Disagreement on one of the nation’s most hotly debated topics, gun control, continued in Washington on Tuesday.
The Senate Judiciary Committee approved a bill, via a 10-8 vote, that would require background checks on all gun purchases. However, the bill’s approval should not be mistaken as a sign of overwhelming support. Members of the committee voted strictly by party lines, with every GOP member voting against the bill. The complete lack of bipartisan support indicates that the bill’s chances of becoming a law are slim.
The bill, backed by Charles Schumer (D-New York) and Mark Kirk (R-Illinois), would extend legislation from the 1993 Brady Law, which created a national background check system for gun purchases. Specifically, the bill would close loopholes that currently allow unlicensed dealers to sell guns without performing a background check on buyers. Additionally, the bill would save these background checks, potentially creating a national database of gun owners.
The storage of background checks is one of the main points of disagreement between party members. GOP leaders fear a database of registered gun owners would allow the government to one day confiscate purchased guns. “When registration fails, then the next step is gun confiscation,” said Senate Judiciary Committee member Charles Grassley (R-Iowa) at Tuesday’s hearing.
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Senator Schumer spoke in support of the bill on Tuesday, calling the lack of bipartisan support “sad.” “Right after Newton, there was a view that maybe the right place we could all come together on was background checks…All we’re doing is extending the success of the Brady Law to the areas it doesn’t cover,” Schumer said.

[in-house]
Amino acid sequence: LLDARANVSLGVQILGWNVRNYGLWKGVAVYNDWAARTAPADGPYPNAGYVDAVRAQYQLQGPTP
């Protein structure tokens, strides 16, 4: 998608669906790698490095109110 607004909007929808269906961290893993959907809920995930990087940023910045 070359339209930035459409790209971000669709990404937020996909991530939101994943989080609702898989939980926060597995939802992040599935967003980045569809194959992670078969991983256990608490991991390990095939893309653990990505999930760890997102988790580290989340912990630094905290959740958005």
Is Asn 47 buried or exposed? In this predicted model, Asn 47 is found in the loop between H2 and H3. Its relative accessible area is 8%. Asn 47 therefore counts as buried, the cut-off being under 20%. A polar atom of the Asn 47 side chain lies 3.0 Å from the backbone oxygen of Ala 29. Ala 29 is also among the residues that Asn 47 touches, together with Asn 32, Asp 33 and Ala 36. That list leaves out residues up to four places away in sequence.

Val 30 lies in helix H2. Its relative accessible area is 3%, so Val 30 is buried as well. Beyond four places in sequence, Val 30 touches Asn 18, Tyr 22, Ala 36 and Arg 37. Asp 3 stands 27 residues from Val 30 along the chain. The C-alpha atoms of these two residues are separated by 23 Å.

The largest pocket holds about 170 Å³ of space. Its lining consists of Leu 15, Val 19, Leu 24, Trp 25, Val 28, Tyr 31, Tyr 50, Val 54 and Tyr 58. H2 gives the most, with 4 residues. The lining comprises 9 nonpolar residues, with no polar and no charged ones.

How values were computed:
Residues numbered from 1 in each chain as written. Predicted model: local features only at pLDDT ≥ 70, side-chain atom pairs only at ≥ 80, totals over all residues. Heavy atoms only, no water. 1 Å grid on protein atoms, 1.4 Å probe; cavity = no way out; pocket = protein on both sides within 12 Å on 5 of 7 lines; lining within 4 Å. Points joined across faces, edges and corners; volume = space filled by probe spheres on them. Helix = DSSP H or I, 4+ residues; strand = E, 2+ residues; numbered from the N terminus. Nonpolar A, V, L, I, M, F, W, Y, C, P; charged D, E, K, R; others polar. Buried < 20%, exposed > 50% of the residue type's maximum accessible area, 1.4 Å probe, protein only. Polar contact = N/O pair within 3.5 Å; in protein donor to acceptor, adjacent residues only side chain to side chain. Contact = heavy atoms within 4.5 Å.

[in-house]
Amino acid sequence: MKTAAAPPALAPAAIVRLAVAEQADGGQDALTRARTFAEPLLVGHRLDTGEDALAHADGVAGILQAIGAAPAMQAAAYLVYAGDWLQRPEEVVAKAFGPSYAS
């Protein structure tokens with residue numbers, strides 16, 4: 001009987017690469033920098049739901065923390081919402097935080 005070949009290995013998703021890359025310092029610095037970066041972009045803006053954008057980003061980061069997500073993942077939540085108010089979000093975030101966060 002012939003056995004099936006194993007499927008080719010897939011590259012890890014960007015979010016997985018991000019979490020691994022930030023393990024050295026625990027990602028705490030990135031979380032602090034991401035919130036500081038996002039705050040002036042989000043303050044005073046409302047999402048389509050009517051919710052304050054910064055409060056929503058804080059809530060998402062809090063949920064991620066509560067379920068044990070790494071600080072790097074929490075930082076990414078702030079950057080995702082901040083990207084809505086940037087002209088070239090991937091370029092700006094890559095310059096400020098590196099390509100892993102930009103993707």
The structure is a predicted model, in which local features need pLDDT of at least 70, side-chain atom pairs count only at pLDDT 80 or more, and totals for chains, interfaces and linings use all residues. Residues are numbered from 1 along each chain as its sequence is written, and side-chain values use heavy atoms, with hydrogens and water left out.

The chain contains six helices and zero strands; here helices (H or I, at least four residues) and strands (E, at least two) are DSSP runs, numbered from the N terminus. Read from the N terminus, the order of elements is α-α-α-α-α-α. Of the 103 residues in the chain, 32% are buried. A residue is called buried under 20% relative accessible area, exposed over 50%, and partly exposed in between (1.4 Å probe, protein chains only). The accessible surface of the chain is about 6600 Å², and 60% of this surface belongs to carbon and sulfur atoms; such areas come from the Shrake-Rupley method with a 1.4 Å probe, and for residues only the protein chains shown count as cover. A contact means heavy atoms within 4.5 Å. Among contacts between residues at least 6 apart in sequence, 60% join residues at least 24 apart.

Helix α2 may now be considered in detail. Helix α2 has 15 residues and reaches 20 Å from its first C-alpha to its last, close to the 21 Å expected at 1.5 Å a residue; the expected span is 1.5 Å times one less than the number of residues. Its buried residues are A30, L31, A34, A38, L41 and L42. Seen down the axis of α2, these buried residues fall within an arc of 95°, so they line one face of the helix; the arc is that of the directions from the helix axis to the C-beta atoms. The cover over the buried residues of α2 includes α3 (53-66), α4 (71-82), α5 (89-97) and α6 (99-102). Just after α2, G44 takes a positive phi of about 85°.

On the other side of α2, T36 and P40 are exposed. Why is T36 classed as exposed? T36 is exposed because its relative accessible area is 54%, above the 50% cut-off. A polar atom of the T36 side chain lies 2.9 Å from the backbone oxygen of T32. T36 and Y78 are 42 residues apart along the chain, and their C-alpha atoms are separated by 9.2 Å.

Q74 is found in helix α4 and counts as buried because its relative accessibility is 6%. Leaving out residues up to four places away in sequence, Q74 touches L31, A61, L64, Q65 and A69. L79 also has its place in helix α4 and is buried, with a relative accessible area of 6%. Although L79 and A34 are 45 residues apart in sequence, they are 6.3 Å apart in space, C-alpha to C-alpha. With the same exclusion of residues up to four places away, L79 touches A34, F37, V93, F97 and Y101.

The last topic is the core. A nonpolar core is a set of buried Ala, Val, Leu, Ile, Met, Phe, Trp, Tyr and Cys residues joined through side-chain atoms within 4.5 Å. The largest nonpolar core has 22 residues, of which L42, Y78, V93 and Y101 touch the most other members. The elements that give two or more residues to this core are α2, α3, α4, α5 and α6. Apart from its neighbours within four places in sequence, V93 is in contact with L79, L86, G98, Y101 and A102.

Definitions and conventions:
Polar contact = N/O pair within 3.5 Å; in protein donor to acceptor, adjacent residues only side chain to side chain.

Prior to the vote, Schumer had been reaching out to senate Republicans John McCain (R- Arizona) and Susan Collins (R-Maine) in hopes that the GOP senators would be open to supporting the bill. Once Tom Coburn (R-Oklahoma) voiced his disagreement over stored background checks, all bipartisan negotiations broke down.
If Schumer cannot create bipartisan support for the bill, it is highly unlikely the bill will receive the 60 votes needed to pass. The bill’s passage in the GOP-controlled House seems even more unlikely.
With support for the bill limited to Democrats, Senate Majority Leader Harry Reid could choose to move forward with other gun control proposals- such as gun trafficking bills- that have been more successful in attaining bipartisan support.
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The full senate will begin considering a package of gun-control laws early next month. Unless Schumer creates bipartisan support for his bill by that time, it is doubtful the bill will ever be passed into legislation.